Finley June, this is our family's story. During my pregnancy, it was hard for me to find stories out there “like mine”. I know a fair amount of myasthenia gravis patient to who have gone on to have children. It was much harder for me to find juvenile onset patients who were having their first baby while doing bi-weekly IVIG. I treasured hearing the few stories of women who were in similar situations. Their wisdom and experiences helped me in some tough decision making, and I hope that by sharing about my own birth experience I can provide insight for others who are wondering what it's like to deliver as a first time mom on IVIG with MG.
I promised this would not turn into a mom blog, and for the most part it won’t. But I also know how valuable personal narratives are as a source of healing. And I know it was like a beacon of hope when I did find a small handful of women who were like me and willing to share their stories and experiences.
So, here’s Finley’s birth story.
We have to start before she was born. On Thanksgiving while making pumpkin pie, I started bleeding. I was 32 weeks and scared out of my mind. We ended up spending most of Thanksgiving admitted to emergency triage for L&D at our hospital to rule out preterm labor and placenta abruption. That’s when I found out that the “tight stomach” I was experiencing wasn’t just from my abs being stretched or Braxton Hicks, but actually contractions. We also found our she was also positioned extremely low and I was already 50% effaced. I left with instructions to take it easy and knowledge that I had uterine irritability and might continue contracting regularly until delivery.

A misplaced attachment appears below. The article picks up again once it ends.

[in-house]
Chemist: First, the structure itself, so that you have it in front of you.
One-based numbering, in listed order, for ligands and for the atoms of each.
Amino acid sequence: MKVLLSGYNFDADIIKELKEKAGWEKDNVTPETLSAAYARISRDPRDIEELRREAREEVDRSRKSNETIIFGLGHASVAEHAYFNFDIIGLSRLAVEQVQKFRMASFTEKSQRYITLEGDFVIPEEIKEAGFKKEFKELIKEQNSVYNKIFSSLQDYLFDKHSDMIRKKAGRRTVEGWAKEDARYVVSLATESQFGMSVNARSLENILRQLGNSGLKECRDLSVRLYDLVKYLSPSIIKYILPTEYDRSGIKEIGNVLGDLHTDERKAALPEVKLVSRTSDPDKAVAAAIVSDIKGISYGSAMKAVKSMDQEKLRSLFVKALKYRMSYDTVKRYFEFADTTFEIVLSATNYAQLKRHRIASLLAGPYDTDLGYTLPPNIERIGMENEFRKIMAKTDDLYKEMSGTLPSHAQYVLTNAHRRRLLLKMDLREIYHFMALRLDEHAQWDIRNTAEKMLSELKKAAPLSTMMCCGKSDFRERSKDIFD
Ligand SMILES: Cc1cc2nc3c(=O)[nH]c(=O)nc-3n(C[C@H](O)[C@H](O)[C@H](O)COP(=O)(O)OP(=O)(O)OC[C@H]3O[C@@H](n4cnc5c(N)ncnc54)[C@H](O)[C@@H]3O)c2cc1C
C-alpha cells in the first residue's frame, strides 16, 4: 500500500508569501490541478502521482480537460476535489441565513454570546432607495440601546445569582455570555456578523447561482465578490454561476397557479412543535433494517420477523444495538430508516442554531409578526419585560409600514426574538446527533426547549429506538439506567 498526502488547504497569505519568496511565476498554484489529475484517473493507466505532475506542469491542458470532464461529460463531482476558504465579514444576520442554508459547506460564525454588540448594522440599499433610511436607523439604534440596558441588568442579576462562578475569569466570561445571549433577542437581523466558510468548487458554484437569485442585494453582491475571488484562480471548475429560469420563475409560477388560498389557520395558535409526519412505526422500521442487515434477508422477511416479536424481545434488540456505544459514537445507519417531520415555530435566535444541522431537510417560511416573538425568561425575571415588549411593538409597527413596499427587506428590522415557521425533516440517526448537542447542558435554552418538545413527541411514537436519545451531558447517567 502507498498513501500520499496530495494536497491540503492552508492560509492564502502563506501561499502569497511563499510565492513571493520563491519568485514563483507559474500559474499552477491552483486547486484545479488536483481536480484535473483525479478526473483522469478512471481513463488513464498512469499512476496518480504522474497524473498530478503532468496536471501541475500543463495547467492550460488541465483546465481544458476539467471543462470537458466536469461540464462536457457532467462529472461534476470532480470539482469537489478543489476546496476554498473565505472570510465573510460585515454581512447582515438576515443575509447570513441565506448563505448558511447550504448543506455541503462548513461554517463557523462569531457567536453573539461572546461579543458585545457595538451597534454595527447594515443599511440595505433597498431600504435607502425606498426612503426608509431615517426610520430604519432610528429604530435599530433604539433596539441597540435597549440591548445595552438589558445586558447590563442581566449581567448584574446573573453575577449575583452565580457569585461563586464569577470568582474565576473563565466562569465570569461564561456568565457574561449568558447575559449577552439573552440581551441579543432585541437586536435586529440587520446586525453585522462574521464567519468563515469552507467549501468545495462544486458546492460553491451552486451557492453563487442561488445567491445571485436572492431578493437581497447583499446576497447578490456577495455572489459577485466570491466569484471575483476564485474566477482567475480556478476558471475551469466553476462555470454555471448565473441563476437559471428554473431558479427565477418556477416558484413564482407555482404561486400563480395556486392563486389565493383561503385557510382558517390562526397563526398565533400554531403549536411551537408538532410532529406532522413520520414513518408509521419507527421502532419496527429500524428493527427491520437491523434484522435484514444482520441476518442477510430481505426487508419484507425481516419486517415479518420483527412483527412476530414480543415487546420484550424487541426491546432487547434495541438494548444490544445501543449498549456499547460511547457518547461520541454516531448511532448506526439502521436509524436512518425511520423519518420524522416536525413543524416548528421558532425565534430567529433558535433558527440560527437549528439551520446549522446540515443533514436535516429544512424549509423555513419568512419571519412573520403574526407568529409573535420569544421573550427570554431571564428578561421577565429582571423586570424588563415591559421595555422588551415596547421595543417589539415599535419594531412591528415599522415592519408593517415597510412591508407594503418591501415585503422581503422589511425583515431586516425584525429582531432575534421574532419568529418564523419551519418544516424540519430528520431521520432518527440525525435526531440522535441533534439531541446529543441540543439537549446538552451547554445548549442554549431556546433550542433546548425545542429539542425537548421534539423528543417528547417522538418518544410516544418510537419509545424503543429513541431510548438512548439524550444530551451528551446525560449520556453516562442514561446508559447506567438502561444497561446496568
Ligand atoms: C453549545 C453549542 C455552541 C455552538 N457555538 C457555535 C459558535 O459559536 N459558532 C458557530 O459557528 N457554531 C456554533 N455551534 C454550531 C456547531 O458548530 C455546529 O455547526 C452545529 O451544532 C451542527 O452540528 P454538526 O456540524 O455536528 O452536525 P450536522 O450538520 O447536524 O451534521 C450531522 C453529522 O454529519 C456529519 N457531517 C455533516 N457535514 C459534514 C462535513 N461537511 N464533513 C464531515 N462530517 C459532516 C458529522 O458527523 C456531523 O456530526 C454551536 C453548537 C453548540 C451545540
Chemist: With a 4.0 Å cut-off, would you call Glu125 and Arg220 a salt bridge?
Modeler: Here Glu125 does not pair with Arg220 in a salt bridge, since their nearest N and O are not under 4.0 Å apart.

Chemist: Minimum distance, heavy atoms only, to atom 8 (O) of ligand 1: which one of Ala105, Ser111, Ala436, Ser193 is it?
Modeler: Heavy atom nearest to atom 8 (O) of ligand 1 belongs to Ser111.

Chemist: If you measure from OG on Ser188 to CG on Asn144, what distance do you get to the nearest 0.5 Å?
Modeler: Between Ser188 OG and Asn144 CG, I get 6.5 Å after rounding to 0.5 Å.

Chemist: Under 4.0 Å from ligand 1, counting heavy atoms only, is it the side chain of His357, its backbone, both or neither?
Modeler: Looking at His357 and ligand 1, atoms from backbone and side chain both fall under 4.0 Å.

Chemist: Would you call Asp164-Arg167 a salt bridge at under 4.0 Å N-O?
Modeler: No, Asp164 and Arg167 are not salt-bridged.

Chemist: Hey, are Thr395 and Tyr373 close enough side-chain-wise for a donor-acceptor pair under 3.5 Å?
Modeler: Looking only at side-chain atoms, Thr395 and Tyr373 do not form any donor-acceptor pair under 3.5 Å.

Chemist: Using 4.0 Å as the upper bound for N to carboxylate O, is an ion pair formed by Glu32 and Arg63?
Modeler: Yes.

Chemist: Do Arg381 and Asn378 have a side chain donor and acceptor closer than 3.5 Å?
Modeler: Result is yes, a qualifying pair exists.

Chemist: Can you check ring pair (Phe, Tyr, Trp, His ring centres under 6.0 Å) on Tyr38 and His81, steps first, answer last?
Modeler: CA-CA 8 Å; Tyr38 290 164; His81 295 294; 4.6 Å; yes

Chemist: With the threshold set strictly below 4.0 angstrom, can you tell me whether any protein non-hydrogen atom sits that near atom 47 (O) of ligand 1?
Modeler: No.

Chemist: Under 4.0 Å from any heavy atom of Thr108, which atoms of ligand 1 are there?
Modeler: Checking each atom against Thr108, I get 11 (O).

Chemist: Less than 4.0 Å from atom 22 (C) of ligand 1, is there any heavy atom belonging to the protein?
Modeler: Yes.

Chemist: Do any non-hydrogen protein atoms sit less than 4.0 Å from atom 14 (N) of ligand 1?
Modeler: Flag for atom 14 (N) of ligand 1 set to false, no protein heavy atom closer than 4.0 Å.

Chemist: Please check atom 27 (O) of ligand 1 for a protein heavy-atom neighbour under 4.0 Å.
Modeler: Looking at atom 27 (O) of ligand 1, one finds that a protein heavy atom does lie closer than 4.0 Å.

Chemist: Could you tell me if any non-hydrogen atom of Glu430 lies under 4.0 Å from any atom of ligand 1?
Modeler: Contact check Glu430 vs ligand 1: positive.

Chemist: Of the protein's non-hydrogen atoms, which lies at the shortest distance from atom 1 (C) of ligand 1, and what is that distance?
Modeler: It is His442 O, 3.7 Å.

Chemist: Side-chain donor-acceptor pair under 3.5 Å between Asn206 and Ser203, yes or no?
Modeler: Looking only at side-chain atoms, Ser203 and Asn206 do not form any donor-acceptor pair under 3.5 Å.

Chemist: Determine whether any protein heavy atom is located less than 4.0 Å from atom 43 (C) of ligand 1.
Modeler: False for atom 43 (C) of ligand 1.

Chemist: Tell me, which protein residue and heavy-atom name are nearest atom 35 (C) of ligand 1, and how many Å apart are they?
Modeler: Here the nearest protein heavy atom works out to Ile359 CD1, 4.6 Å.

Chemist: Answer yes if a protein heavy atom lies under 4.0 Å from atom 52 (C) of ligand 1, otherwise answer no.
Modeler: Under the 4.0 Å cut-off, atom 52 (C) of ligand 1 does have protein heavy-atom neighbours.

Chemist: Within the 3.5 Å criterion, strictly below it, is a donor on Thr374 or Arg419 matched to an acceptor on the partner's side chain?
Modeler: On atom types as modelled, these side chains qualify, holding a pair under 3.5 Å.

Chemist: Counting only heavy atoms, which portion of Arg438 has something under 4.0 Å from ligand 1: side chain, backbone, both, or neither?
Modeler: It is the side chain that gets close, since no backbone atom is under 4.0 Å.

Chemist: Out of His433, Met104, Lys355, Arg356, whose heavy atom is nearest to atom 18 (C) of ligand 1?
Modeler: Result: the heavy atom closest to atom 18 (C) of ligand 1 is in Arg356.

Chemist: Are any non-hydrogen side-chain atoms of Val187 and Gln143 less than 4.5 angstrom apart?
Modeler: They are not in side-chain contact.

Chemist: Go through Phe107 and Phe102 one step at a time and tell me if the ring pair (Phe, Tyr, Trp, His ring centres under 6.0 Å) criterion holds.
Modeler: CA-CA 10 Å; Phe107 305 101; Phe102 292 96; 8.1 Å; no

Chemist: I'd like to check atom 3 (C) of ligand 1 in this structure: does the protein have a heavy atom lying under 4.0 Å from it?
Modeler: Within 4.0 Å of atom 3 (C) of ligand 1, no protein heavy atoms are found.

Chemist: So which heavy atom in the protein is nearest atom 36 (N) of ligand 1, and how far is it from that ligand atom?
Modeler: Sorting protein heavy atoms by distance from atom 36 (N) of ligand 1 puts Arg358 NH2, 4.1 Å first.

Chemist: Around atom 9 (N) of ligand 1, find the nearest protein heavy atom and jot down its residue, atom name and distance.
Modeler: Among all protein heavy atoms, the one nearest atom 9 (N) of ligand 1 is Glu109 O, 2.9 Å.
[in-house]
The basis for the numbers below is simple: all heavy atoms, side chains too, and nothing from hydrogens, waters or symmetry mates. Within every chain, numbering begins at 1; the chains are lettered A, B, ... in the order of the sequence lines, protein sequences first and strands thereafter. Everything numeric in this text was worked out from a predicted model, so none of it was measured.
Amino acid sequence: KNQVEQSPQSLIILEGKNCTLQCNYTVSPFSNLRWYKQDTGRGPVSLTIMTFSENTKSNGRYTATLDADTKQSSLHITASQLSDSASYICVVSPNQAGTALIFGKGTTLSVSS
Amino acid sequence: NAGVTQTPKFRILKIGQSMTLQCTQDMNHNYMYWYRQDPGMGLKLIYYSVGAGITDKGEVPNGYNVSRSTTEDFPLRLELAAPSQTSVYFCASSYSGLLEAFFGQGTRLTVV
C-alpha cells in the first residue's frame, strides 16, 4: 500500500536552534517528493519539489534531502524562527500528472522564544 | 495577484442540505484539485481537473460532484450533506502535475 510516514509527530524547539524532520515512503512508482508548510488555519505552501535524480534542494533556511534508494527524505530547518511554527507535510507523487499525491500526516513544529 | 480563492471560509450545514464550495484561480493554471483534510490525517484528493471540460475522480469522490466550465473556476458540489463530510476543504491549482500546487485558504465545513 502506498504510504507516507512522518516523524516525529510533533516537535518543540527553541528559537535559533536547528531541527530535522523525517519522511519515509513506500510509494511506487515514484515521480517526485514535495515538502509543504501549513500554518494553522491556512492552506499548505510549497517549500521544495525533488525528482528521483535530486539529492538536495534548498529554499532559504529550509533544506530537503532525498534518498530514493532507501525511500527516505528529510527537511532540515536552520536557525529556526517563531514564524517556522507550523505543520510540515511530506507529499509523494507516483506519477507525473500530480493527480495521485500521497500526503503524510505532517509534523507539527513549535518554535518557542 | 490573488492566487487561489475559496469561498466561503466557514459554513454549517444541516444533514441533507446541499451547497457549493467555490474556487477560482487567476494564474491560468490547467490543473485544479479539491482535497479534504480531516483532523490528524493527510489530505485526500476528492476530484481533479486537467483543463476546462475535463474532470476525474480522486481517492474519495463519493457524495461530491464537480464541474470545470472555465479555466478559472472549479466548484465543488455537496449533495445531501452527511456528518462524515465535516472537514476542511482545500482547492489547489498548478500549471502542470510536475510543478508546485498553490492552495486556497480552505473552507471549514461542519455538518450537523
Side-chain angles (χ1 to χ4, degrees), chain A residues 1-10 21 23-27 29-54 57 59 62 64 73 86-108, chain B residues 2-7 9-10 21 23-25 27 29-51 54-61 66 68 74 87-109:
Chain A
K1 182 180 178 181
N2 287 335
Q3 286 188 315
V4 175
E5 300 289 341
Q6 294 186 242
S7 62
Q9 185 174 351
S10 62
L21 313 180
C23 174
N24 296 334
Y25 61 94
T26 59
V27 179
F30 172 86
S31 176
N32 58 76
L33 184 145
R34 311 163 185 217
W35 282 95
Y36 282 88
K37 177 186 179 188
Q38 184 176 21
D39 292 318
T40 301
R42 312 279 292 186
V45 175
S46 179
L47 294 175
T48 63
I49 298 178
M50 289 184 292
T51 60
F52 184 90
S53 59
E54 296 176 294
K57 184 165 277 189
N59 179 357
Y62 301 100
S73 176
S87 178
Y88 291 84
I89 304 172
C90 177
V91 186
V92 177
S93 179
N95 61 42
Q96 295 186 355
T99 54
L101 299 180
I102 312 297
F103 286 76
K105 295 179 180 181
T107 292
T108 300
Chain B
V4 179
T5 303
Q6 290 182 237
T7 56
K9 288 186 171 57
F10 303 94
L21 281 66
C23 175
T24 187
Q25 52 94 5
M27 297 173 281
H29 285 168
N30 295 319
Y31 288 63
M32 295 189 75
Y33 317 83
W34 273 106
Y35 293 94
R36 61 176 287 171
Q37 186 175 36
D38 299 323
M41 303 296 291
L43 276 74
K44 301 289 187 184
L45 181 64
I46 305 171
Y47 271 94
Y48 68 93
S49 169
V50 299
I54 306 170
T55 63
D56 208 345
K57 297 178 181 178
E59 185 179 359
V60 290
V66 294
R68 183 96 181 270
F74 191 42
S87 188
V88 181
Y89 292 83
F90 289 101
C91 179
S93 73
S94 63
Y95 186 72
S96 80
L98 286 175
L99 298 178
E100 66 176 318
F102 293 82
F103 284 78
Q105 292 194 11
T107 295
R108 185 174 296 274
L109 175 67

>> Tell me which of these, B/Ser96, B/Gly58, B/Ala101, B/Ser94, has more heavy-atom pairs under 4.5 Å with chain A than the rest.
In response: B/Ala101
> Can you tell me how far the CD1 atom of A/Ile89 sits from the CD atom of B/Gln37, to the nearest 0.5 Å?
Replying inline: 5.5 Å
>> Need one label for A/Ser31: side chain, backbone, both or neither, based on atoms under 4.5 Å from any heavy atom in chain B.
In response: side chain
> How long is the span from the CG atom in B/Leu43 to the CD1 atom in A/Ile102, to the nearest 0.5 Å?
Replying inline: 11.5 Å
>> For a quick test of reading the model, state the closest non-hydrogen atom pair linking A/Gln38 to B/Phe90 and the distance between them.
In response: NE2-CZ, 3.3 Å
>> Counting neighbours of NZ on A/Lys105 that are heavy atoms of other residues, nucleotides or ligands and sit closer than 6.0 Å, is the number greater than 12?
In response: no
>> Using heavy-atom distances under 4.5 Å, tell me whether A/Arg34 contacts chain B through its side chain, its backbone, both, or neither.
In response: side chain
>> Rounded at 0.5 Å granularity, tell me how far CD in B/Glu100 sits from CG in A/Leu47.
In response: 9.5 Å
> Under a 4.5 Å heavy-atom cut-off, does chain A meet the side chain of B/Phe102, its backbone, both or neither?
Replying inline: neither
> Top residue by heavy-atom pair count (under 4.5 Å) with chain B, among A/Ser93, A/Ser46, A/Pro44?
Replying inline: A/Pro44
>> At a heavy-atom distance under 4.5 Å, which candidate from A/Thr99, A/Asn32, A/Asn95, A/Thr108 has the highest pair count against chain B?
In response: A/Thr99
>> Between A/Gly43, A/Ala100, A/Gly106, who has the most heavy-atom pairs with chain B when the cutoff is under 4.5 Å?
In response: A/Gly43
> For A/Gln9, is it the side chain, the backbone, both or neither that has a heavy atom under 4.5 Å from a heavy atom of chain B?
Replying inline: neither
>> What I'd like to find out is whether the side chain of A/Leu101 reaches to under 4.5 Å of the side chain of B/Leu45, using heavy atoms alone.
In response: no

We already had planned on doing weekly non-stress tests at this point for extra monitoring, which I was so grateful for. At that point even though we had a c-section scheduled for 38+5, I fully believed she would try to come early. A note on the scheduled c-section; I should be used to answering the question of why by now because of how many times it was asked in the hospital, by nurses and staff, etc. With MG and my treatment schedule, we wanted to give both mom and baby the best chance possible at a safe delivery. Babies are unpredictable as we all know, and with the frequency of IVIG and the type of side effects I have from it, we knew there was a very narrow window of her arriving on her own during a time where I was not infusing, recovering from infusing, or feeling the wearing off effects of an infusion. We talked extensively with maternal fetal medicine and anesthesia before deciding to schedule.